Cosmic Connections, Lessons, and Some Blessings from the Social Web

I’ve written many times about how the social web is teaching us and opening us up to a greater understanding of ourselves and the world we live in. This week, I witnessed first hand the power of relationships, the immediacy of the social web, and learned a great lesson in tolerance and understanding, and dare I say, faith? I’ve written a few times casually about how I’ve been personally affected by the downturn in the economy. As a result of my own economic crisis, I was turned down as a worthy co-signer for Amie’s student loans. Mostly I have felt awful about the prospect that I would be the one, in the end, who stood in the way of Amie’s dream of going to New York University. Of course University of Texas, Austin is an excellent school, but Amie’s heart already moved into the dorms at NYU. For good reason, she convinced me over the past few months NYU is where she belongs and where she aims to fulfill her lifelong ambition to contribute toward improving our imperfect world.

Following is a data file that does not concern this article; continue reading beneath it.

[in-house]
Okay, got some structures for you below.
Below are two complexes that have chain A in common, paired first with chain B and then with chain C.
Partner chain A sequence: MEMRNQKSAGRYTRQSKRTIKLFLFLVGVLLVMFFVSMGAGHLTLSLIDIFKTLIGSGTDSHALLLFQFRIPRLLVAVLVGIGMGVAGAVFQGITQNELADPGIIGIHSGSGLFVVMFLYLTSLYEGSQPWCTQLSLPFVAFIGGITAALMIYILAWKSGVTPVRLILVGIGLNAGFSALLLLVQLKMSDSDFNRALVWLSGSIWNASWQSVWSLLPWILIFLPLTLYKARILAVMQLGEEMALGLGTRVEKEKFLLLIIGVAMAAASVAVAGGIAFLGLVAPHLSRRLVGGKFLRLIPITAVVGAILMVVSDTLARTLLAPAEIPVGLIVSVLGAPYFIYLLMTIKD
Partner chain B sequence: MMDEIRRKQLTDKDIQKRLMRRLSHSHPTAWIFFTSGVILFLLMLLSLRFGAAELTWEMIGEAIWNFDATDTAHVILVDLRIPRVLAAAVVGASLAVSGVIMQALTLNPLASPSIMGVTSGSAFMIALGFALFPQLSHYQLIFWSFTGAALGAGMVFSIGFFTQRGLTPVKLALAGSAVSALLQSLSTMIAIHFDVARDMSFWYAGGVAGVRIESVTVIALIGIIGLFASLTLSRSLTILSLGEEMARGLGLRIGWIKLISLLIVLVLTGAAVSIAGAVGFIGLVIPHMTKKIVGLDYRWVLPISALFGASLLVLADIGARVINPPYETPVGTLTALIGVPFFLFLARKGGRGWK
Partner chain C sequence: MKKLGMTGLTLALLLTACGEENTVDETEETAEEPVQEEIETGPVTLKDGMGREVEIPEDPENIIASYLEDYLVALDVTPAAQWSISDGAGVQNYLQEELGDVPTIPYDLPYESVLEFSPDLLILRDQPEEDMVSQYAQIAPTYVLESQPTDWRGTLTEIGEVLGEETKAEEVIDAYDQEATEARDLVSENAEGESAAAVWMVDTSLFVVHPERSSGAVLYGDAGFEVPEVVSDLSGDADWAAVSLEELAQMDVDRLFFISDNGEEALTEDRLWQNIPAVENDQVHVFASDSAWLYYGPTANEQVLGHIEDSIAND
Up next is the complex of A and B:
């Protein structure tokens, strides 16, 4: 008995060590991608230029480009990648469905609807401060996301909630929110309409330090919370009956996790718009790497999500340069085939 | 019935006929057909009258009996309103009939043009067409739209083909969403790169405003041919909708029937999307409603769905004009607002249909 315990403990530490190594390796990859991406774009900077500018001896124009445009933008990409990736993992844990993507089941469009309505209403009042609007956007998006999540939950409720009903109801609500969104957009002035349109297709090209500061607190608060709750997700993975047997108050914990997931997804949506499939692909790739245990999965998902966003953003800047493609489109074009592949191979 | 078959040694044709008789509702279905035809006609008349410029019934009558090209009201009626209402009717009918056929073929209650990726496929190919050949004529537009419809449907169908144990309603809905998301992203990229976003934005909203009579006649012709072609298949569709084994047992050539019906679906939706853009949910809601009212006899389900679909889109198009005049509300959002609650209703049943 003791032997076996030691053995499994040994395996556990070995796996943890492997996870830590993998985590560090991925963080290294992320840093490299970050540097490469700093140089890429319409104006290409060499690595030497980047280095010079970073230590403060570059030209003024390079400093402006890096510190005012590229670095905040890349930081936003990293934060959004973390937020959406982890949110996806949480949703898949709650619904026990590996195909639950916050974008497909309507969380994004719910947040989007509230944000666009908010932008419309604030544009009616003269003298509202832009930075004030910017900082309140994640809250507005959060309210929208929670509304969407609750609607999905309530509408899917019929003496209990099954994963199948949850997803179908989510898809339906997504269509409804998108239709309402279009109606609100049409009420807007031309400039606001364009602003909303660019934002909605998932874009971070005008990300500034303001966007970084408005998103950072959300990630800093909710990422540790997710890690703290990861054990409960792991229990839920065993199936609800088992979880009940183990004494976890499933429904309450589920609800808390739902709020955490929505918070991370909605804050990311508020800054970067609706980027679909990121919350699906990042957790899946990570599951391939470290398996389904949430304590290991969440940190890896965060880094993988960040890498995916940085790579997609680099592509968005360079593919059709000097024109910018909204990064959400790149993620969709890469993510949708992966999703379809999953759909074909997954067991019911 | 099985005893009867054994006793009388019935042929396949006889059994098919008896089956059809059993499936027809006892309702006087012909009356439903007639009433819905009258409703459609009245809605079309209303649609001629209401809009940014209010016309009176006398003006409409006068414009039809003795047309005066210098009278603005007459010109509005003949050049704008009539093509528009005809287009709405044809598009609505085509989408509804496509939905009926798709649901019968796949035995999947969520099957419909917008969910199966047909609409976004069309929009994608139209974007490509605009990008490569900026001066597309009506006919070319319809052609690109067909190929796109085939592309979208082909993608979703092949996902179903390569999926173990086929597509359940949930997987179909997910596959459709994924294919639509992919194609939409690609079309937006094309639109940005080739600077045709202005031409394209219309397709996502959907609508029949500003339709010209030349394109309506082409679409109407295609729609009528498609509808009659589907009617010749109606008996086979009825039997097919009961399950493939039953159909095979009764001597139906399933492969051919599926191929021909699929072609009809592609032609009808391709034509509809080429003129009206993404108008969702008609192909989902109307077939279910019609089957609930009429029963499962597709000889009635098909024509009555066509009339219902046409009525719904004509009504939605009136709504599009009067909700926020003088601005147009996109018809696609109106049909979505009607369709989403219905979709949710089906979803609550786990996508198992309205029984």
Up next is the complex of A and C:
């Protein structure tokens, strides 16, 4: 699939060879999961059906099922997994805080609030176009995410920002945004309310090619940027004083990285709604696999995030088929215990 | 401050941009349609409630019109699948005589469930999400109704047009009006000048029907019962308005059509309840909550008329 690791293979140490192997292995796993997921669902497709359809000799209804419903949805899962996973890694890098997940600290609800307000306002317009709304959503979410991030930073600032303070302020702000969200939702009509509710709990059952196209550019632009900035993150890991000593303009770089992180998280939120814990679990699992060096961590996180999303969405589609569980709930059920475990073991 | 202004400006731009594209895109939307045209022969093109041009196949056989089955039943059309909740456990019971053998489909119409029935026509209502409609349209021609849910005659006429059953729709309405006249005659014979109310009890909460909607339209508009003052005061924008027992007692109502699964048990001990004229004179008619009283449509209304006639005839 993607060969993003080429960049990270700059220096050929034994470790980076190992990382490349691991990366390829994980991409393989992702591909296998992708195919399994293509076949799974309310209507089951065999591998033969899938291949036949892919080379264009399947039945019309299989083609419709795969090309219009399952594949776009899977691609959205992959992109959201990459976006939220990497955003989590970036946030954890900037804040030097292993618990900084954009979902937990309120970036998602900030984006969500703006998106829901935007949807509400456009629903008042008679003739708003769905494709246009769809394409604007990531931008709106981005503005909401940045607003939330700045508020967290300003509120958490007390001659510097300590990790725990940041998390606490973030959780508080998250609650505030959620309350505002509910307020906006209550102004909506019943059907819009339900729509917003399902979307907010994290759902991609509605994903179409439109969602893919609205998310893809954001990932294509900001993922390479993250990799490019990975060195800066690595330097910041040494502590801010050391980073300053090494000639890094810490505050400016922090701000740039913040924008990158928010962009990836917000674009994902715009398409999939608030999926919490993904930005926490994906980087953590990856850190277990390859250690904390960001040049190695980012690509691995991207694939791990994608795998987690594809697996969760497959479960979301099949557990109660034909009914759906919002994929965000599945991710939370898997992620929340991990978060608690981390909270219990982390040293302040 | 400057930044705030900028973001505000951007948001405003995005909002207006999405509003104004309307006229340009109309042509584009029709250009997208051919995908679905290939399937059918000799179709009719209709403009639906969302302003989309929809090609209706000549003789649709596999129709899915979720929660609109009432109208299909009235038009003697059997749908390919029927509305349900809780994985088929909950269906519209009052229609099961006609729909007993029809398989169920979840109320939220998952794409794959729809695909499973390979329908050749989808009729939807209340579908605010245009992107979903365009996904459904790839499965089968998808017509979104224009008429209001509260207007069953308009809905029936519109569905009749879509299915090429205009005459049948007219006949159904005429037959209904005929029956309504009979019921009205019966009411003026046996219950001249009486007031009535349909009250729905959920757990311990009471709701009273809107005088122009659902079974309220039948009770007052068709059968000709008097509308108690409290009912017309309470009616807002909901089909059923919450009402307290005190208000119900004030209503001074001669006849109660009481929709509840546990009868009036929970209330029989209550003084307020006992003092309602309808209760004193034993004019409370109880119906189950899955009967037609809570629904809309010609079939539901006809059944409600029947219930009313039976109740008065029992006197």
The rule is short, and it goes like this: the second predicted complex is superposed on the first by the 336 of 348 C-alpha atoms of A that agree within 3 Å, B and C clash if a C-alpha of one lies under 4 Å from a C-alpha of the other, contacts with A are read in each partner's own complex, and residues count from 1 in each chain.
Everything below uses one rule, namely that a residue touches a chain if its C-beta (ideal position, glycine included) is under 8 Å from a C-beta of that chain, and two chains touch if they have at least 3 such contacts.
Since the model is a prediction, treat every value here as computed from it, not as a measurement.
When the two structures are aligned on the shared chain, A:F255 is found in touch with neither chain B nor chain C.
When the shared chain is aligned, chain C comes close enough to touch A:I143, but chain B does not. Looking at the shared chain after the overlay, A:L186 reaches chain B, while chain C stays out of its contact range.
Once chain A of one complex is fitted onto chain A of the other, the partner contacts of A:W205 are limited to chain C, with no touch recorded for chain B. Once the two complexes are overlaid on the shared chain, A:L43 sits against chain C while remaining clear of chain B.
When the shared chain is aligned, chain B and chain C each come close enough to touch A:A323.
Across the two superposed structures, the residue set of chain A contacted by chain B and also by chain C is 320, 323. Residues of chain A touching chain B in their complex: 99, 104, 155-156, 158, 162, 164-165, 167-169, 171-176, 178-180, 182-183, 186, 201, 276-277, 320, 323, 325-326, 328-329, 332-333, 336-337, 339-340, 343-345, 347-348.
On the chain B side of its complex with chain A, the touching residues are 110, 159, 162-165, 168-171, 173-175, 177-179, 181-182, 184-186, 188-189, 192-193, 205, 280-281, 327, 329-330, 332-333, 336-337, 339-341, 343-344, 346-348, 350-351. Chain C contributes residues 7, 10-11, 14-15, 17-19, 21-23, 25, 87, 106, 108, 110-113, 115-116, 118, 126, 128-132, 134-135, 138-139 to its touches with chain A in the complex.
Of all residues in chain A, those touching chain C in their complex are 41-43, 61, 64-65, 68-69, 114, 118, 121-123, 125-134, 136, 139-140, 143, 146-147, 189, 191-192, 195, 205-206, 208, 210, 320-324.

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Last week, Amie graduated with honors from Westwood High School. Here she is pictured at the Erwin Center donning her IB bling. I forced her to stand with the Capitol Dome in the background to snap this photo. You can see how enthusiastic she is by her expression about the prospect of linking her graduation to Texas and UT. The reward of graduating from such a difficult school in such a competitive program was eclipsed by the heart-breaking disappointment that Amie would not be returning East to continue on her academic journey. To Amie’s credit, she accepted her fate and began to let her friends in the Northeast know she would be staying in Austin.